Marcello, K., Kennedy, C., Lopez, M., & Barr, K. 20. Young Voter Registration and Turnout Trend. Retrieved 22 October, 2012.
This article presents the findings of a research, done by Rock The Vote and The Centre for Information & Research on Civic Learning and Engagement on voter registration and turnout trend of young voters (18-29 years) in the U.S. presidential and midterm elections. According to the survey, young people comprise a majority of first-time voters the number of who have been increasing over the years, signifying a more engaged youth population. For instance, in 2000 62% of first time voters were youths and this number increased to nearly two thirds in 2004. The survey found out that once youths voted for the first time, returning to vote in the subsequent elections became relatively easy, resulting in a life span voting habit. The growing large voter turnout among the youth was attributed to the development of the Internet technology and communications, increased voter registration campaigns which specifically targeted the youth. In addition, a general increase in young voter turnout was recorded among all groups ranging from the college students and the unemployed to working students. For example, there was a 14% increase in the number of working student voters between 2000 and 2004. A study on the demography of young voters found out that a majority of young voters in the 2004 and 2006 elections were whites, females, Christians, unmarried, and associated with the Democratic party.
Green, D. P., & Gerber, A. S. (2008). Get Out the Vote: How to Increase Voter Turnout (2nd Ed.). Yale University: Brookings Institution Press.
This book provides a practical guidance on smart decision making with regards to the resource allocation in partisan and nonpartisan voter mobilization at the grass root level. It stands out from other books because of its recommendations that are based on scientific findings and emanate from experiments carried out in real electoral settings. The authors of this book conducted an experiment to investigate the effectiveness and impact of various campaign tactics, such as direct mail, door-to-door campaign and phone calls among others. According to the findings, more personal tactics were found to be more effective as compared to impersonal ones. Face-to face campaigns were found to be the most effective tactic that increases the voter turnout by 7-12% amongst those who were contacted. On the other hand, impersonal tactics, such as robotic calls or emails, were found to have an insignificant impact on the voter turnout, despite the fact that the voters read emails or listened to campaign calls. The book also provides the literature on the issue of voter persuasion rather than voter mobilization.
Minnite, L. C. (2011). First-Time Voters in the 2008 Election. Washington DC: Project Vote.
This book presents the outcome of a survey, done by Project Vote on first-time voters in the 2008 U.S Presidential elections. According to the survey, first-time voters largely determined the 2008 Presidential election results, i.e. about 15 million out of over 131 million votes casted were from the first-time voters. The survey also revealed that almost 15% of votes casted to Barrack Obama were from the first-time voters, in comparison to John McCain’s 7.5%, an implication that first-time voters were allied to the Democratic Party.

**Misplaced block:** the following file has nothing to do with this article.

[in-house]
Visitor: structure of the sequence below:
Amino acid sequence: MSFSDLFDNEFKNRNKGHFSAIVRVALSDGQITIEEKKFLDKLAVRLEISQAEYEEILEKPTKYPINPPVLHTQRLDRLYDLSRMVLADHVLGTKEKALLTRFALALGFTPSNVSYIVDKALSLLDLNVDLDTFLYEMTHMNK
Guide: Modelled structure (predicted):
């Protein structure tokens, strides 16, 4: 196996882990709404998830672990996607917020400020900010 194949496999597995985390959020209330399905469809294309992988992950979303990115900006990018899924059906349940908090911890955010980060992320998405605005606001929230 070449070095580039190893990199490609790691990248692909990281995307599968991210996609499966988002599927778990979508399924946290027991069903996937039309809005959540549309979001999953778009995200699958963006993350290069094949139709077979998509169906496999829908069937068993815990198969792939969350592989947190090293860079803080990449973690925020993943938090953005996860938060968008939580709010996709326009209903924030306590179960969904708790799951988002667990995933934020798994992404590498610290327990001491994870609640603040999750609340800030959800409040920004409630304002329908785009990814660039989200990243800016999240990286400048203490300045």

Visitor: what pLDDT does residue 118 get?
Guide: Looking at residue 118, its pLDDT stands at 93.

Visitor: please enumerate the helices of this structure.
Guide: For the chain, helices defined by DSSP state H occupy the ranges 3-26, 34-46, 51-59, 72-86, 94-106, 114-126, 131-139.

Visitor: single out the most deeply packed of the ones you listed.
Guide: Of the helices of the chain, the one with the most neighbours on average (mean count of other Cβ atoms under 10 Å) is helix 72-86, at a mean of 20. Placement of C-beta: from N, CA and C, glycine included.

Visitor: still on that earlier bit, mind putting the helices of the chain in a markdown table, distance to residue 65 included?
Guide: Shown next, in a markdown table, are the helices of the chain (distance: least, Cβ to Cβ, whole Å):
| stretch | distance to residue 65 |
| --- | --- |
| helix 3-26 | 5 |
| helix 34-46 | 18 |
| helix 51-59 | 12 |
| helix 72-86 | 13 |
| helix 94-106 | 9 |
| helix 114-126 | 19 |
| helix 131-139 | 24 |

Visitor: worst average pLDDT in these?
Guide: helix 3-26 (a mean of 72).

There was an increase in the percentage of first-time voters from low-income and minority groups, i.e. there were a 2% and 6% increase in the number of black voters and Latinos respectively, who voted for the first time between the 2004 and 2008. Also it is important to note the significant improvement in the number of new voters along class lines. The percentage of low-income earners (those earning $15,000 or less annually) increased from 18% to 34% over the same period, besides the biggest increase in first-time voters being witnessed among those without high school diploma.
The Project Vote survey revealed that new voters in the 2008 polls were mainly youths, who are nonwhites, who were in strong support of the federal government’s role in regulating the U.S. economy. For instance, 86% and 79% of first-time voters wanted the federal government to increase its expenditure on education and infrastructure respectively, in an attempt to improve the declining U.S. economy. In addition, all three groups; black, younger and new voters, were in favor of the government increasing the minimum salary. The survey findings suggested that new voters were more mobile in comparison to other groups, recommending that they should be the target for voter mobilization and registration.
Gallup, A. M., & Newport, F. (2006). The Gallup Poll: Public Opinion 2004. New York City: Rowman & Littlefield.
This book provides a summary of a nationwide survey, conducted by the Gallup Organization prior to the 2004 U.S. Presidential elections to determine the public opinion concerning the polls. It also offers a broad analysis of the findings and breaks down the opinions, based on various factors, such as race, education level, gender, and sex among others to enable the reader to comprehend the main issues faster.
According to the survey, independent groups and political parties believed that new voters (new citizens, young American voters who have attained the required voting age, as well as those who preferred not to vote in the past elections) would turn up in considerable numbers to vote in the Presidential elections of 2004. The survey found out that several media campaigns had been conducted to register new voters such as the 20 Million Loud advertisement and the Vote or Die slogan. The number of registered voters who said that they would vote for the first time in the 2004 polls was 12%, while those who had voted previously constituted 85%. 11% of all adults in US admitted to being first-time voters, 16% said they were either unregistered or had no plans of voting, while 73% reported to have voted previously.